Quote:
"This was in '85, but King must have picked up on some undercurrent.
Where did it start?"
Stephen King, IMHO must have picked up on this idea from his childhood facination with comic books, many of which depicted the villian as a maniacle psychopath that in many cases were quite clownlike in appearance. If he read the popular comic books at the time he most assuredly was familiar with the Joker. Who was an evil villian and mass murderer who in time started actually wearing a clown costume. That's all I was saying.

BTW I found the subject interesting myself.
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  #40  
Old 10-19-2004, 03:21 AM
Scissorjack Scissorjack is offline
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"Hey, hey, kids!" What about Krusty?
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  #41  
Old 10-19-2004, 03:36 AM
Evil Death Evil Death is offline
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Quote:
Originally Posted by The Gaspode
Lot's of interesting reading, t-keela.

If I'm not mistaken though, I think Pennywise is the first truly evil clown. Bad guys dressing up in clownish ways aren't clowns. The joker was never meant to be funny and turned out creepy. It might be that court jesters offered a way to let out anxiety.
But I can't really find a clown, truly only a clown, that was downright evil, before Pennywise.
Well, Harlequin was never exactly nice.
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  #42  
Old 10-19-2004, 07:05 AM
Trunk Trunk is offline
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Quote:
Originally Posted by The Gaspode
Lot's of interesting reading, t-keela.

If I'm not mistaken though, I think Pennywise is the first truly evil clown. Bad guys dressing up in clownish ways aren't clowns. The joker was never meant to be funny and turned out creepy. It might be that court jesters offered a way to let out anxiety.
But I can't really find a clown, truly only a clown, that was downright evil, before Pennywise. They float....
as someone said before, what about John Wayne Gacy. He was before "it".

There's a picture of him getting his clown on at the bottom of this page.
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  #43  
Old 10-19-2004, 07:12 AM
Bosda Di'Chi of Tricor Bosda Di'Chi of Tricor is offline
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There's actually Clown Porn.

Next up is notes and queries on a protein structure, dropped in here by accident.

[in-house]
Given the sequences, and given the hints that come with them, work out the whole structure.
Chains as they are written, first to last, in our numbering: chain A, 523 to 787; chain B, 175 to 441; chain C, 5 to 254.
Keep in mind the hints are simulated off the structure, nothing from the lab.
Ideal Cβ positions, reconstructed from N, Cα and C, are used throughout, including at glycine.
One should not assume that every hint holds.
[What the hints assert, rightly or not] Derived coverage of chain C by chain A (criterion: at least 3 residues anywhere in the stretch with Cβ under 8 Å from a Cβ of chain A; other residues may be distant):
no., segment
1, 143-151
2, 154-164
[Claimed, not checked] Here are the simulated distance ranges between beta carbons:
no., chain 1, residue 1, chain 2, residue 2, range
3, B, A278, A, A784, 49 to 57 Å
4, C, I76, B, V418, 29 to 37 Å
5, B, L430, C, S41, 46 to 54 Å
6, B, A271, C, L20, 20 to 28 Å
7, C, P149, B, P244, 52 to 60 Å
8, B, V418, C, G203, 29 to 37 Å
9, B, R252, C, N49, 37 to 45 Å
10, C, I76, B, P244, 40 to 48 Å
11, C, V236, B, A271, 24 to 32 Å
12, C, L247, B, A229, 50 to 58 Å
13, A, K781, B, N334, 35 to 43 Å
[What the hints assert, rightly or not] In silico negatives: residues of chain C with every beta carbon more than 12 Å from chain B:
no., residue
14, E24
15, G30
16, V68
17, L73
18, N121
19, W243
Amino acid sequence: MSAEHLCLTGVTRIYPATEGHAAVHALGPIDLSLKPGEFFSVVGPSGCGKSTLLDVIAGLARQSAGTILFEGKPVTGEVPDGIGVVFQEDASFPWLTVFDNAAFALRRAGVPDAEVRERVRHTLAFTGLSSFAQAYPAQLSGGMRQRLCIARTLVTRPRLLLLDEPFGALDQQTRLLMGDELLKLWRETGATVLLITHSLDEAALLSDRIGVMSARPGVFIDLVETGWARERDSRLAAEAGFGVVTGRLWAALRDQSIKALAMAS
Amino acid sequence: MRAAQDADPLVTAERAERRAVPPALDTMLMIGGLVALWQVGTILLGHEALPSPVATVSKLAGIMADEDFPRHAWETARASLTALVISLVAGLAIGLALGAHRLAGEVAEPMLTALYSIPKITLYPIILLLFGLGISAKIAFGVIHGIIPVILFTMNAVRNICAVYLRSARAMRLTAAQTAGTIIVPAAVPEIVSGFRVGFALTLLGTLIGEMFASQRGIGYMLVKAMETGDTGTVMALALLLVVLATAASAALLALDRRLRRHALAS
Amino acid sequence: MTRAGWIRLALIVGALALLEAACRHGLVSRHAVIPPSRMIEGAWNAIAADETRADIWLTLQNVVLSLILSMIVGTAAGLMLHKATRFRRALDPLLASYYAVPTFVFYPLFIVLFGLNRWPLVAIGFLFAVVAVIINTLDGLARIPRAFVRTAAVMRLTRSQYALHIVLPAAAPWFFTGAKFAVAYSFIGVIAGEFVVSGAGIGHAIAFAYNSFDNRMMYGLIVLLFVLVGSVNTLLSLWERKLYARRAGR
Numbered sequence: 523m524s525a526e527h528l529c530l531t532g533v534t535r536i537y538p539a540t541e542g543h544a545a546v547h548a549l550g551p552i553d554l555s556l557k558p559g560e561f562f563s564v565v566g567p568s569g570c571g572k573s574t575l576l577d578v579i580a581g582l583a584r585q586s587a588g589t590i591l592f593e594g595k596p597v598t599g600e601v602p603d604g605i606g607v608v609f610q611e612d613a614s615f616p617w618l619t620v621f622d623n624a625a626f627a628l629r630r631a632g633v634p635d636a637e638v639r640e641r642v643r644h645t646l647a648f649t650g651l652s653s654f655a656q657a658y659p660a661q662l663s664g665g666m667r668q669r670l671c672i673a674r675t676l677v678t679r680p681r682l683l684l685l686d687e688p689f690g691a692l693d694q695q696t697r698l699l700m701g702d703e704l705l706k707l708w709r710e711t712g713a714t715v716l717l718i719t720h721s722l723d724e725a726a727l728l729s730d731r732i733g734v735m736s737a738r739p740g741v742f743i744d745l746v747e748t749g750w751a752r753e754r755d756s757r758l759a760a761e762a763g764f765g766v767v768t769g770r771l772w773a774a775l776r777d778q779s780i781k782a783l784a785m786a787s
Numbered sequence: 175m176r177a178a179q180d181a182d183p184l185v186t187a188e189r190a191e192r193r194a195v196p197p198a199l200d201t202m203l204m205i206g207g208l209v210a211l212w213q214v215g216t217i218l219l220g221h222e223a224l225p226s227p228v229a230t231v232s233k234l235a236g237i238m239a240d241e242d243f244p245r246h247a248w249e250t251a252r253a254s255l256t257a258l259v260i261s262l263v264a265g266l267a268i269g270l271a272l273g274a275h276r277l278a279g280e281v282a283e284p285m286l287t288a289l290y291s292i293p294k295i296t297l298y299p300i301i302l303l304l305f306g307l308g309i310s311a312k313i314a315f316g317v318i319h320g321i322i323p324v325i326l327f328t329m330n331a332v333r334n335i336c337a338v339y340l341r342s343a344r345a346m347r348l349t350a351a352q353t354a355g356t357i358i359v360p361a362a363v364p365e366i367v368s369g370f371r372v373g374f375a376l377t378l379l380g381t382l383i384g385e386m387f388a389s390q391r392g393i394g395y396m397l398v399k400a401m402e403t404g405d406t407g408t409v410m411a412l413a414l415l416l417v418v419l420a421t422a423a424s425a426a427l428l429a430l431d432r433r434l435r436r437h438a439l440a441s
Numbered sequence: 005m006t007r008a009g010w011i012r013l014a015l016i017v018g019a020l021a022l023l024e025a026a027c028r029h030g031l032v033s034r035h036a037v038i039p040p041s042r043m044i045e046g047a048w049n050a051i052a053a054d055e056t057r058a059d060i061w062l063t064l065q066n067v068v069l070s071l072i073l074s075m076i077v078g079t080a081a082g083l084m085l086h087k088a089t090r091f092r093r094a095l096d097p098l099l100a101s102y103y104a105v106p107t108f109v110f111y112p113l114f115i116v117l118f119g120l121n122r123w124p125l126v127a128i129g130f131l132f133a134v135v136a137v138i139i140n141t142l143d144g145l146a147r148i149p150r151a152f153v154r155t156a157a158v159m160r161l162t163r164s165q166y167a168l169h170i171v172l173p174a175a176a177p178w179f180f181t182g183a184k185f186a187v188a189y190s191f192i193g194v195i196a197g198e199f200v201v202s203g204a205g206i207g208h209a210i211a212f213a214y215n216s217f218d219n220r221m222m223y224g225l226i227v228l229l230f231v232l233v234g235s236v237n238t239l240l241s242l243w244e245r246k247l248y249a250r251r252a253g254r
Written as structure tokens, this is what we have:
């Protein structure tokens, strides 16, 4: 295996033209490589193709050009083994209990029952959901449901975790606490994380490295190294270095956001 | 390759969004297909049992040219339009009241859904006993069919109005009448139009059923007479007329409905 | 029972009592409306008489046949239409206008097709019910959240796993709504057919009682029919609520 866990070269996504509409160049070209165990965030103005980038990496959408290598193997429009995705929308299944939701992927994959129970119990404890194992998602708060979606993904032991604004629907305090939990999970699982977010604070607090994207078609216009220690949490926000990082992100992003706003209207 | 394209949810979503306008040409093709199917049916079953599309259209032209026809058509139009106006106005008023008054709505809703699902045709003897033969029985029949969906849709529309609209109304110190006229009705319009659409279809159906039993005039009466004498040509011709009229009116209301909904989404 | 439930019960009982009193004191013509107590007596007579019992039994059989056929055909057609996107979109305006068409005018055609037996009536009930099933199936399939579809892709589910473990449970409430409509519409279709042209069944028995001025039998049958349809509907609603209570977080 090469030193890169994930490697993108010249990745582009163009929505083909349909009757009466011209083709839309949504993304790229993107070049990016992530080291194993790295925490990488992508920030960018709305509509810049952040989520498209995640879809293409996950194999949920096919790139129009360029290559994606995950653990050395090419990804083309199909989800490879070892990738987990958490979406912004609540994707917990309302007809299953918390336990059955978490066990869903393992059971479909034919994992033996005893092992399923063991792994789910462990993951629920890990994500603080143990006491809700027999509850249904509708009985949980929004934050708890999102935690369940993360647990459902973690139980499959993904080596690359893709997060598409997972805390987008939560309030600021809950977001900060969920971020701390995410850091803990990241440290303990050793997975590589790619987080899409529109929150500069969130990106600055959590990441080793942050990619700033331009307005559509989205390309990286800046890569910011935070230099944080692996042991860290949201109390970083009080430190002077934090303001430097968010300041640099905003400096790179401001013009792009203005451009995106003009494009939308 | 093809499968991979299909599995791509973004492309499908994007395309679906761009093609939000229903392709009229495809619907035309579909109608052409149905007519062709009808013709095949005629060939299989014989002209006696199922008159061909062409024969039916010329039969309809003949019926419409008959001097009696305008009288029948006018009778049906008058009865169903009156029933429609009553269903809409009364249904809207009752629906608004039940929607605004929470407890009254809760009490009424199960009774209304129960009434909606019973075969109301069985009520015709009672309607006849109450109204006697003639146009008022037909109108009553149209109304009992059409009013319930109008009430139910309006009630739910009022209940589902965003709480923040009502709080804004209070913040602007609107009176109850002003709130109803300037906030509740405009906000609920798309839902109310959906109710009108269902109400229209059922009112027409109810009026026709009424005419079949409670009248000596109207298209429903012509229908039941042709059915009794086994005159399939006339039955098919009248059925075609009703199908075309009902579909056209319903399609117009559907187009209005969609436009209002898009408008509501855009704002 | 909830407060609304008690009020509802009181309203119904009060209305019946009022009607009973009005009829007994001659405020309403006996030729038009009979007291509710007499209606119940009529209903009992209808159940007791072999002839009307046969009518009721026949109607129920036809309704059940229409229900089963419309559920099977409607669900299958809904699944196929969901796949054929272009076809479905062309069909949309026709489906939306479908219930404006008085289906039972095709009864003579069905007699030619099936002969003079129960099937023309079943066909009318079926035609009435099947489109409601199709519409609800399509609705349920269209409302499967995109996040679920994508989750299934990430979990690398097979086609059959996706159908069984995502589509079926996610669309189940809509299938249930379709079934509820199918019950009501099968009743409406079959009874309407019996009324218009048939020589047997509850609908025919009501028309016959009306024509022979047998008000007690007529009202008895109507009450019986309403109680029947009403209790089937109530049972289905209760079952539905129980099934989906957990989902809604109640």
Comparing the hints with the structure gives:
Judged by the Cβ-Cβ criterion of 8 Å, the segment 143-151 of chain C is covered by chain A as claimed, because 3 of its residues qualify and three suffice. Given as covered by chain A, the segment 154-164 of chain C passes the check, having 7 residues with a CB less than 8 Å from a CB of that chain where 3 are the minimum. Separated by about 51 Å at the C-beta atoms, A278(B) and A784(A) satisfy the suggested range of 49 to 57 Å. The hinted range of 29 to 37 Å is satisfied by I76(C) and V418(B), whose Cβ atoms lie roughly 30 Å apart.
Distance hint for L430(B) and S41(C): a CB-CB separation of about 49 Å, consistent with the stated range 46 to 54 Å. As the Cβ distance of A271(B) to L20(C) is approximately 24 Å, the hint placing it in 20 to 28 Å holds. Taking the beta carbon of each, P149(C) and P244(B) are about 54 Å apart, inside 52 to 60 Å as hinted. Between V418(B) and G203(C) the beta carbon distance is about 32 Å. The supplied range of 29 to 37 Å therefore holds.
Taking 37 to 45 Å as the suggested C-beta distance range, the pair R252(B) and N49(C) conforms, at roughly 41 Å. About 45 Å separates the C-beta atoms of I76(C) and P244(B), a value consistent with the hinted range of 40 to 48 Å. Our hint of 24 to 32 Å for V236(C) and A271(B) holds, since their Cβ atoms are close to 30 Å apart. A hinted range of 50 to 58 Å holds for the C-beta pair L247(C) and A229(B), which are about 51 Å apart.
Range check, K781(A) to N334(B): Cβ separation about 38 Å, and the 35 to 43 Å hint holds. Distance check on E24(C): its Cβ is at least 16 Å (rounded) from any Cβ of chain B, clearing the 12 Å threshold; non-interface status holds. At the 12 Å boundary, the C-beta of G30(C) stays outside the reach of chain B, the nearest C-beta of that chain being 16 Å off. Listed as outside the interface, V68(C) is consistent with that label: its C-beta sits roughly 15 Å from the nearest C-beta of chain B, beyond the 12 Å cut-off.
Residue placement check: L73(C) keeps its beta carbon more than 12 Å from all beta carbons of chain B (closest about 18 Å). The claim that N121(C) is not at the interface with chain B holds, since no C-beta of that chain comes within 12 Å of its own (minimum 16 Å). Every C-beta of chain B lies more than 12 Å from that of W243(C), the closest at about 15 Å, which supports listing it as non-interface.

And, it's disturbing... hunt for it on the Web at peril of your ability to sleep at night.
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  #44  
Old 10-19-2004, 07:14 AM
Bosda Di'Chi of Tricor Bosda Di'Chi of Tricor is offline
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Quote:
Originally Posted by Chastain86
I think it has something to do with the time I went to the circus, and a clown shot my dad.
I kind of hope you're kidding, but I'm not certain, Chastain.
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  #45  
Old 10-19-2004, 07:37 AM
Johnny L.A. Johnny L.A. is online now
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Quote:
Originally Posted by Murcielago
Sometimes a creepy clown can also be hilarious.

Case in point. Though Ronnie loved his "Happy Meals," the resulting periods of depression eventually became too much to bear...
Maybe it's the early morning lack of caffeine, but I laughed at the bottom photo for a full minute.

I've never found clowns to be scary, unless they were intended to be scary. I used to watch reruns of Bozo when I was a kid. I've been to the circus. I never saw The Joker as a clown, but as an "evil jester".

I like the idea of scary clowns, but I've never been scared by them. Of course it's disturbing that John Wayne Gacy was a mass murderer who dressed like a clown when he wasn't killing boys; but in non-real life, I like evil clowns. I think the ones in Killer Clowns From Outer Space are the best.
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  #46  
Old 10-19-2004, 07:40 AM
Bosda Di'Chi of Tricor Bosda Di'Chi of Tricor is offline
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Related LINK
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  #47  
Old 10-19-2004, 08:12 AM
Eve Eve is offline
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Originally Posted by hillbilly queen
Bozo is EVIL! My sister was on his show and he made her pee!
Gee, I don't remember that segment of the show!

By the way, I was yet another child terrorized by a Jack-in-the-Box present as a tot. I still remember the nightmares . . .
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  #48  
Old 10-19-2004, 10:02 AM
AuntiePam AuntiePam is offline
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Quote:
Originally Posted by Chastain86
I think it has something to do with the time I went to the circus, and a clown shot my dad.
Ha! Jack Handy?
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  #49  
Old 10-19-2004, 11:32 AM
Otto Otto is offline
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No more need be said.

No more except for "can't sleep...clown'll eat me..."
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  #50  
Old 10-19-2004, 12:13 PM
Bosda Di'Chi of Tricor Bosda Di'Chi of Tricor is offline
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Quote:
Originally Posted by Otto
No more need be said.

No more except for "can't sleep...clown'll eat me..."

"Can't Sleep Decepticons Will...."